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Dynamic probe of ZnTe(110) surface by scanning tunneling microscopy

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ABSTRACT

The reconstructed surface structure of the II–VI semiconductor ZnTe (110), which is a promising material in the research field of semiconductor spintronics, was studied by scanning tunneling microscopy/spectroscopy (STM/STS). First, the surface states formed by reconstruction by the charge transfer of dangling bond electrons from cationic Zn to anionic Te atoms, which are similar to those of IV and III–V semiconductors, were confirmed in real space. Secondly, oscillation in tunneling current between binary states, which is considered to reflect a conformational change in the topmost Zn–Te structure between the reconstructed and bulk-like ideal structures, was directly observed by STM. Third, using the technique of charge injection, a surface atomic structure was successfully fabricated, suggesting the possibility of atomic-scale manipulation of this widely applicable surface of ZnTe.

No MeSH data available.


(a) STM image of a ZnTe surface obtained before the electron injection treatment (Vs = −3.0 V, It = 1.0 nA). (b) Typical temporal change of the current obtained during the treatment. (c), (d), (e) STM images after the treatment with three different electron injection times of ti ((c) 0.1 s, (d) 0.3 s, (e) 0.5 s, Vs = +1.5 V, It = 30 pA). D1 to D4 are surface defects induced by each treatment. D3 in (d) and (e) indicate exactly the same defect. Black arrows indicate clusters of atoms desorbed by the manipulation.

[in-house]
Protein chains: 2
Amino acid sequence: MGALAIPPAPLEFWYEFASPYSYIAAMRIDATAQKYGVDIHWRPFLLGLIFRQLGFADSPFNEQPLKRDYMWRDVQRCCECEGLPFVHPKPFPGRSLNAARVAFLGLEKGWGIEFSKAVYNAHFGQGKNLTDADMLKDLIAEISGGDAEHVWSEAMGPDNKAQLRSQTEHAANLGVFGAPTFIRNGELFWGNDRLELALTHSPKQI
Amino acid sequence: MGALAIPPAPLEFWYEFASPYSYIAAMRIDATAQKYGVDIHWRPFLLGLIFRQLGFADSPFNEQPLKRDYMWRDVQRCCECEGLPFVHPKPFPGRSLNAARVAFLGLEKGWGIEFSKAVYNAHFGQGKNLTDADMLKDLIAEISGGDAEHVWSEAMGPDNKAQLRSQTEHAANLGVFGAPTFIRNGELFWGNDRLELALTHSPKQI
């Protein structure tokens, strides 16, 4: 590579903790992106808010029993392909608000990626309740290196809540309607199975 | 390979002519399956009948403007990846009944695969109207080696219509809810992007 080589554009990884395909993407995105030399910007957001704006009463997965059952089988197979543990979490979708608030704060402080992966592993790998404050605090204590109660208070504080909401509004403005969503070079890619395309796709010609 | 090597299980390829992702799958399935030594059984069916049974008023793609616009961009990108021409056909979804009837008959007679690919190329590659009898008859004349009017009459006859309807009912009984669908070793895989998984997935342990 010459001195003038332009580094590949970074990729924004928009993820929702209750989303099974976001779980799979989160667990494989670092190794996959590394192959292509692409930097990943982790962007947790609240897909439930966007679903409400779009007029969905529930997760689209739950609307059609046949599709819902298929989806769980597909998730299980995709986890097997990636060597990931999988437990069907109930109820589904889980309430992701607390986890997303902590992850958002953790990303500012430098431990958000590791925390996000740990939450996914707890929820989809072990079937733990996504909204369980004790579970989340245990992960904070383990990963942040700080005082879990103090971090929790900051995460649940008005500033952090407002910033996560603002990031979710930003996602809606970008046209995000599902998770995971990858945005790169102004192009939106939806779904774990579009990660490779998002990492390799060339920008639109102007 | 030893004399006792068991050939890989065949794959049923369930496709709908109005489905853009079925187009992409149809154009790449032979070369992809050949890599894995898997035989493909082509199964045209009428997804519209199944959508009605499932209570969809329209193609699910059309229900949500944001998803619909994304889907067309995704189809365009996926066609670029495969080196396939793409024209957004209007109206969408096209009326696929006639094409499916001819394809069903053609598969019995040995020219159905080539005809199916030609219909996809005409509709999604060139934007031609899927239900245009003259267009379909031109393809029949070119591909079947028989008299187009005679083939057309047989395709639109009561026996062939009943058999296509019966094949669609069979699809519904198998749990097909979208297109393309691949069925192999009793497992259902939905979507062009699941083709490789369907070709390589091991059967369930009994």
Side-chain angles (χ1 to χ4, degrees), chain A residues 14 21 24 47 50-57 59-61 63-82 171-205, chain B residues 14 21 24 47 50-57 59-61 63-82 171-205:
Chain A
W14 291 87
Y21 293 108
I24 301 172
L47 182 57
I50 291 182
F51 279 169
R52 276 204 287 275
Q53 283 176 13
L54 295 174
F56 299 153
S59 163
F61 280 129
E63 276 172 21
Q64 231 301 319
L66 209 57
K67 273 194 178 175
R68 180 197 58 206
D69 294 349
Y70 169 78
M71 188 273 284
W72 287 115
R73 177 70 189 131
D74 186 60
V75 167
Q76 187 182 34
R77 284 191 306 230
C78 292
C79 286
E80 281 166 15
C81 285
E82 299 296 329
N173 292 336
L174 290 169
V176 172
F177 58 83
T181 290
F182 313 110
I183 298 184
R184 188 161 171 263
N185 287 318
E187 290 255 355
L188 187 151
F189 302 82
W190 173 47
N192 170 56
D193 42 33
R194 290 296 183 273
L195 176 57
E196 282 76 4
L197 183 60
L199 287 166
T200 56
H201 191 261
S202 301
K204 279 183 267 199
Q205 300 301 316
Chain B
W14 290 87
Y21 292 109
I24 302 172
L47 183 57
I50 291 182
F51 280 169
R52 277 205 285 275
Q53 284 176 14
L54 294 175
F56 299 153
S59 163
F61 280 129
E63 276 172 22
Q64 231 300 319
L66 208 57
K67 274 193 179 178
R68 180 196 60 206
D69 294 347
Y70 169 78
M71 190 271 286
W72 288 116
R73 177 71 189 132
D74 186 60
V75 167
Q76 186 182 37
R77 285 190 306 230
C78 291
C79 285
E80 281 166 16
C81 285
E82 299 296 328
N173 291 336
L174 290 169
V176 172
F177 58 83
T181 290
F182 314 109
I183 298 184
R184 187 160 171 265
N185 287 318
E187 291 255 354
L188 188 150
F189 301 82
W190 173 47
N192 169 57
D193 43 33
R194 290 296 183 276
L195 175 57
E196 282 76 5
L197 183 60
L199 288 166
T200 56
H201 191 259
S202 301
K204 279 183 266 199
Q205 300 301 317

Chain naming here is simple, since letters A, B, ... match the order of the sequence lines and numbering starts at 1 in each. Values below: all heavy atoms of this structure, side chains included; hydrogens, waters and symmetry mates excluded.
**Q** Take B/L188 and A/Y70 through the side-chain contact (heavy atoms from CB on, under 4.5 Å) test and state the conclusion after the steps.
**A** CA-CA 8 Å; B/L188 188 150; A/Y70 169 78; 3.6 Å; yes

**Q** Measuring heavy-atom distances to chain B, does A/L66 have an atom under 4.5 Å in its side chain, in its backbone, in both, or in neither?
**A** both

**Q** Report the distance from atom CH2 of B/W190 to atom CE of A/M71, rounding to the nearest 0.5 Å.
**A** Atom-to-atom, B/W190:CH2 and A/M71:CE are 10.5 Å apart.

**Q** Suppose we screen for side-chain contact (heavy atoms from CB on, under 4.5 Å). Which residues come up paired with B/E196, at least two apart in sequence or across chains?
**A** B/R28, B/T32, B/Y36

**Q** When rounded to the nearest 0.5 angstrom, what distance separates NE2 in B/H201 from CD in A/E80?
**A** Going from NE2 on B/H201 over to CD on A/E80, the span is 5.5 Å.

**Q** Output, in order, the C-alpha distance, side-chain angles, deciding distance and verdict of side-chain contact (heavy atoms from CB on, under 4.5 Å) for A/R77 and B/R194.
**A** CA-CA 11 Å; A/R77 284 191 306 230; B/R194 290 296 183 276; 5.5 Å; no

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Figure 6: (a) STM image of a ZnTe surface obtained before the electron injection treatment (Vs = −3.0 V, It = 1.0 nA). (b) Typical temporal change of the current obtained during the treatment. (c), (d), (e) STM images after the treatment with three different electron injection times of ti ((c) 0.1 s, (d) 0.3 s, (e) 0.5 s, Vs = +1.5 V, It = 30 pA). D1 to D4 are surface defects induced by each treatment. D3 in (d) and (e) indicate exactly the same defect. Black arrows indicate clusters of atoms desorbed by the manipulation.

Mentions: Figure 6(a) shows the surface observed before the treatment. Figure 6(b) shows a typical time-resolved spectrum, i.e., the tunneling current as a function of time, in which tmes = 0 corresponds to the moment when the tunneling current was set to +0.03 nA, similarly to the case shown in figure 3(d). The tunneling current jumped from 0.03 to ∼5 nA and then disappeared. Figure 6(c) shows the STM image after the treatment with the injection time of ti = 0.1 s, in which an atomic-scale defect was generated. Namely, the jump in tunneling current shown in figure 6(b) is considered to correspond to the desorption of the surface Zn atom. To confirm this result, we carried out the same process with increased electron injection times ti to 0.3 s and 0.5 s, the results of which are shown in figures 6(d) and (e), respectively. Larger defects were generated with increasing ti, and clusters considered to be formed by the removal of atoms were observed, as indicated by arrows. After the desorption of the Zn atom immediately below the STM tip, the adjacent Zn atoms may have been desorbed depending on the injection time. Further analysis is necessary to determine in detail the conditions required for desorption. Although the lengths of the defects were short, their appearances were very similar to the intrinsic line defect on the ZnTe(110) surface shown in figure 1(a) in that they run along the 〈110〉 direction with single-atomic-row-width on the surface.